Sunday, November 30, 2008

here we go again

So I've been doing very well in general since my Masto diagnosis. Up until last night, the only time I came close to shocking was when we were in the car accident, and that was probably caused more by stress than anything.

Last night I had dinner, was watching TV with Ethan and Peter, and suddenly my heart rate went up (it has been high for a few days) and then I started sweating, and shaking, and feeling really nauseous, and then my stomach contents decided they needed to get out of me in the fastest way possible resulting in terrible stomach pain. I was able to stave off the vomiting (i really don't like vomiting, plus
once I started feeling really unwell i popped zantac and benadryl and didn't want those to come back up) and laid in bed, stationary, until i was able to meditate and get my heart rate back down (the drugs helped obviously).

Long story short, I don't know what happened, or more importantly, why. I don't know why my heart rate has been elevated (my pcp had suggested a virus when I saw her Friday) I don't know why all sorts of badness happened last night as I haven't deviated from my habits at all.

Has anyone had a shocky episode for what seems like no reason? I think I barely dodged having to use my epi pen last night or going to the ER (Ethan and Peter took shifts watching me while I slept to make sure I was breathing, and breathing normally) and I'd love to know what happened or if people have experienced episodes like these with no really obvious cause.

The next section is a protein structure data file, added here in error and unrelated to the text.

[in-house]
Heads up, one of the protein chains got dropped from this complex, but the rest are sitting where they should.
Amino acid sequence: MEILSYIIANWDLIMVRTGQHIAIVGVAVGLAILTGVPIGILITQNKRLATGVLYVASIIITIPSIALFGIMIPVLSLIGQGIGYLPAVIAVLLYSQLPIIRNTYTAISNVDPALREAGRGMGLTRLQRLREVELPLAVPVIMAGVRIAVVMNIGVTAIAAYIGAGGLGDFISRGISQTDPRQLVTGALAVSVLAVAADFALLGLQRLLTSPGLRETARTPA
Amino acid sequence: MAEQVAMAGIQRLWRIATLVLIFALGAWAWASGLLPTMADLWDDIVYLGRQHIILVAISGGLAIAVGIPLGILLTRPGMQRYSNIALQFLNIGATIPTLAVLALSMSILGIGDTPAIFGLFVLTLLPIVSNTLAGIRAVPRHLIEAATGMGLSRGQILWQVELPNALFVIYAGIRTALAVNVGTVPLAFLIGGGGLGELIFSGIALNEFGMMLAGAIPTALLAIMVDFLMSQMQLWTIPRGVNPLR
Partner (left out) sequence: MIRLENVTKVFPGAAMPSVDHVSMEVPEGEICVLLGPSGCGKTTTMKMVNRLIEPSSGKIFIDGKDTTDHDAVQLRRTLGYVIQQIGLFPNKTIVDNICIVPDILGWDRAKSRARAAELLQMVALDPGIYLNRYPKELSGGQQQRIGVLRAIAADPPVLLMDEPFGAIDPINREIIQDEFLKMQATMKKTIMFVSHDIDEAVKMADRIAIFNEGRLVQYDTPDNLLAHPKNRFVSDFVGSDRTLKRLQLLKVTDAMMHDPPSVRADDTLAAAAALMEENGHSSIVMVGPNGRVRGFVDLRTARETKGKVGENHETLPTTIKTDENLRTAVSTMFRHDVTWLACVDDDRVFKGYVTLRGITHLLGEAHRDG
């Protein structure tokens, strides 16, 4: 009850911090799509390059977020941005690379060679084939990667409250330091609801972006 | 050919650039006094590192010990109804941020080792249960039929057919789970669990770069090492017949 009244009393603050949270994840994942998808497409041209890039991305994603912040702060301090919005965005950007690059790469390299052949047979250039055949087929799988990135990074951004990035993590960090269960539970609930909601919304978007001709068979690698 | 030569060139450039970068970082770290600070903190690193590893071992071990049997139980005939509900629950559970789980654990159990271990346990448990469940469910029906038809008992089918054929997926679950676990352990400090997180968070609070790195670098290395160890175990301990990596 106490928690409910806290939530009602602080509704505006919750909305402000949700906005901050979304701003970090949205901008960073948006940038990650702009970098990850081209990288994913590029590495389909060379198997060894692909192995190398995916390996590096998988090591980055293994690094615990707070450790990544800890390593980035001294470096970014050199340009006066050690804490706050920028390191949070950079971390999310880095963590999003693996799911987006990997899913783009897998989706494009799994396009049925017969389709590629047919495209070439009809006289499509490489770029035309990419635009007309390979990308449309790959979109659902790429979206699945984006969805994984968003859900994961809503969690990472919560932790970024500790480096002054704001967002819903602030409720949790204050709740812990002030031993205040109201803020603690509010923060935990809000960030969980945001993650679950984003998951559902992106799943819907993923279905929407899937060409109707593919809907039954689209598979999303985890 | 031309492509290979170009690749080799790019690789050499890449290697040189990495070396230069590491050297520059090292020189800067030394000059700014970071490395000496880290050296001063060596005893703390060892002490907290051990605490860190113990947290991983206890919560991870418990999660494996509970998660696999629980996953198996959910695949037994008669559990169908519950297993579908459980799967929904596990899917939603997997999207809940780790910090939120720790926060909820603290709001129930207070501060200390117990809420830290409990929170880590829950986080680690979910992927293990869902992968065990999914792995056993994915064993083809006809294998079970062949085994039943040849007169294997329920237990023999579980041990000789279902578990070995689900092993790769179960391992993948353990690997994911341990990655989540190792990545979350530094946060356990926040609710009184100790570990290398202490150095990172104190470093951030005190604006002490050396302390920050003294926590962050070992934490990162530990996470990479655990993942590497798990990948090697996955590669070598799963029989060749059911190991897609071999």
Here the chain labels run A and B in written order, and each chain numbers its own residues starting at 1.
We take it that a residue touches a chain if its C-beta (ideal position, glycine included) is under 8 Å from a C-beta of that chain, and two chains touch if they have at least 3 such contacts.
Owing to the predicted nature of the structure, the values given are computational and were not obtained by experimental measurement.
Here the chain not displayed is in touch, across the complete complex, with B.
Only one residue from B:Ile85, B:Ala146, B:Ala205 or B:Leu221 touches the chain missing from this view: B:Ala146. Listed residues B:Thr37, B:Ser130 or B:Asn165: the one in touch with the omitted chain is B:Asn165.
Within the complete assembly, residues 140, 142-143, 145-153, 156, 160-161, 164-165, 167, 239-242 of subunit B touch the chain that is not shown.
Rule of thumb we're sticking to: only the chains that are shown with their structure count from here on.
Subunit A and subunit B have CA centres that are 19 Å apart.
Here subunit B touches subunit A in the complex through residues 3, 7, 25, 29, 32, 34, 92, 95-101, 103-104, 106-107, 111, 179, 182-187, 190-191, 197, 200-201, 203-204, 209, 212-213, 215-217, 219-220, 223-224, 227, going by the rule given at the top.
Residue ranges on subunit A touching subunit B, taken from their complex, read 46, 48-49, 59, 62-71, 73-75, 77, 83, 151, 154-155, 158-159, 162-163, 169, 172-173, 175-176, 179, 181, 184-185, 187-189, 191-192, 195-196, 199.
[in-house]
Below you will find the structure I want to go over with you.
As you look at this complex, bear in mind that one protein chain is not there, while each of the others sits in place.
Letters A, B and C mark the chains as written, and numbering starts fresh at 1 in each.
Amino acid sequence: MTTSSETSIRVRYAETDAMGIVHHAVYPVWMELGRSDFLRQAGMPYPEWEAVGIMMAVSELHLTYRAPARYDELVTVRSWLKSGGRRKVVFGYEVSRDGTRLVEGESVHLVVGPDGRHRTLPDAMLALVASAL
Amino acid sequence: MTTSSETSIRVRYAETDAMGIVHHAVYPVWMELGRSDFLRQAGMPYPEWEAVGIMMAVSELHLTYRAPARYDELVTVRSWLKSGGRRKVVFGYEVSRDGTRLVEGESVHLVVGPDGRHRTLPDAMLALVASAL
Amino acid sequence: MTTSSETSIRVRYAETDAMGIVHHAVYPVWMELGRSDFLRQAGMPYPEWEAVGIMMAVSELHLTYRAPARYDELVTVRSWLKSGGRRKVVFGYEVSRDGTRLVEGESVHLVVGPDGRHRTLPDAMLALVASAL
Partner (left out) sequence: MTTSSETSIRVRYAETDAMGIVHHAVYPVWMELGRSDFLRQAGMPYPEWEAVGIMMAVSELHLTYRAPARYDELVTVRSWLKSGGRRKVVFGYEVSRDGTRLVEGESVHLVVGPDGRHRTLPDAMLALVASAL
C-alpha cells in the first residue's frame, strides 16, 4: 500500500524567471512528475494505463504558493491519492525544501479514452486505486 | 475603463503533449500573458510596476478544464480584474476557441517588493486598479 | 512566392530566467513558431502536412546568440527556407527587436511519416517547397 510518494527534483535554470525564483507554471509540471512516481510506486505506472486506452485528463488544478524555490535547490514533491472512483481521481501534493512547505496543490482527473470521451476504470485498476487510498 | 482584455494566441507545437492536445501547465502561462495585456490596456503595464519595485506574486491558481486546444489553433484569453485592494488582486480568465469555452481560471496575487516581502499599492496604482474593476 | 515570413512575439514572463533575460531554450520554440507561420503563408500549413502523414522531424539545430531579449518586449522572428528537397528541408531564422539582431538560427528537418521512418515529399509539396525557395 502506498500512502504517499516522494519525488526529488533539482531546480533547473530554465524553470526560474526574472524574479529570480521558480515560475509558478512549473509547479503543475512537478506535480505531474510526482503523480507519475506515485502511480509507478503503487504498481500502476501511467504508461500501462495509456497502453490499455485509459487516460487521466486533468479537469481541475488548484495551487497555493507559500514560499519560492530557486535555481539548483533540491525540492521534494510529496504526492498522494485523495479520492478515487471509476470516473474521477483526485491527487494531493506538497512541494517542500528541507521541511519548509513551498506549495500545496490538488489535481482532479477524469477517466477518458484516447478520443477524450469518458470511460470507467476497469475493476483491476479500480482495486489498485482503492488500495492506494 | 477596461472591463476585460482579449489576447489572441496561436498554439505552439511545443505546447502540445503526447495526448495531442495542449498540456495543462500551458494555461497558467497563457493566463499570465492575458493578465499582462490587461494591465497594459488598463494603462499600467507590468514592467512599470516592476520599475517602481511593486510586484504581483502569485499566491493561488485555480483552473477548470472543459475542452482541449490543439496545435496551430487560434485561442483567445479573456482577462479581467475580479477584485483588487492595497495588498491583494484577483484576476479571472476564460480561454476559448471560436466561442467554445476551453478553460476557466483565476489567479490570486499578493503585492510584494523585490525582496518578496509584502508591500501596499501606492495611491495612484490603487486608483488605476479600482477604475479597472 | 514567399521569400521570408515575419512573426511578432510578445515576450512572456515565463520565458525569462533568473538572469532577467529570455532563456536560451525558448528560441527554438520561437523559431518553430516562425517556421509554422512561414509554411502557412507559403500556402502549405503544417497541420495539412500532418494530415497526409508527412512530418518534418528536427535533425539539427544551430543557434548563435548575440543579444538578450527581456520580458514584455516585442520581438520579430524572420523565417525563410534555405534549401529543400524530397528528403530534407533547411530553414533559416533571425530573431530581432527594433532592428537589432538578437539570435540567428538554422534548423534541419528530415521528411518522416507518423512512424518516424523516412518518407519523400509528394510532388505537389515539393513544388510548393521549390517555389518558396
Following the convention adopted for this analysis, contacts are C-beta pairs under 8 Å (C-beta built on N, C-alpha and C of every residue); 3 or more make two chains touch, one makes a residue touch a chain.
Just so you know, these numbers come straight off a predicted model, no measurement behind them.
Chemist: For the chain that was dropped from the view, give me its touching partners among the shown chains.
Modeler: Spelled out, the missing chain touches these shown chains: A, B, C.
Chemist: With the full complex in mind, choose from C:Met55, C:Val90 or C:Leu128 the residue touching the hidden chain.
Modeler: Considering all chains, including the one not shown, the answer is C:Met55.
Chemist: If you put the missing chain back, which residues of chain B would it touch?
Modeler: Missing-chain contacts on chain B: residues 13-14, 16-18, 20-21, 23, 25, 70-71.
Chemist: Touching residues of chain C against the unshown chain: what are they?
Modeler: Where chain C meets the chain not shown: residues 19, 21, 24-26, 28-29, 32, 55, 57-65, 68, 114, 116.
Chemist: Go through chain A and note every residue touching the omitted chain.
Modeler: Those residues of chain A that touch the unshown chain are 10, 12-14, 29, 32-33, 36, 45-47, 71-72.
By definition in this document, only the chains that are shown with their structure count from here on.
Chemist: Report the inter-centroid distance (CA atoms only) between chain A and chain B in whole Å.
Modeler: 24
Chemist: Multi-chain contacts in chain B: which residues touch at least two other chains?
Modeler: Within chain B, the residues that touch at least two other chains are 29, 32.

Luckily I have an appointment to see my Masto doc later in the week anyway, though, so that is good. I'm going to try to get in to see my PCP tomorrow to have some more bloodwork done to see if anything looks off, and maybe see if I can get another EKG or something.

The whole experience was just very scary and unreal and well, just wrong. I don't want to go back to feeling like I did in the spring of '07. That was a terrible time in my life that does not warrant repeating. I imagine this is a sentiment similar to that of many many many masto patients.

Friday, November 28, 2008

ow ow ow ow

Ever since I went on the Cipro I've had on and off leg pain. It's been a blast. It comes and goes, though in the past few days it's gotten a lot more concerning.

I went to see my PCP (something I am loathe to do, even moreso after the stupid somatic diagnosis) and she did a d-dimer test which came back negative (which I feel pretty good about since false negatives are really rare) and also listened to my lungs and did an EKG, neither of which seemed indicative of a clot. In addition my back has started aching and I have little to no appetite.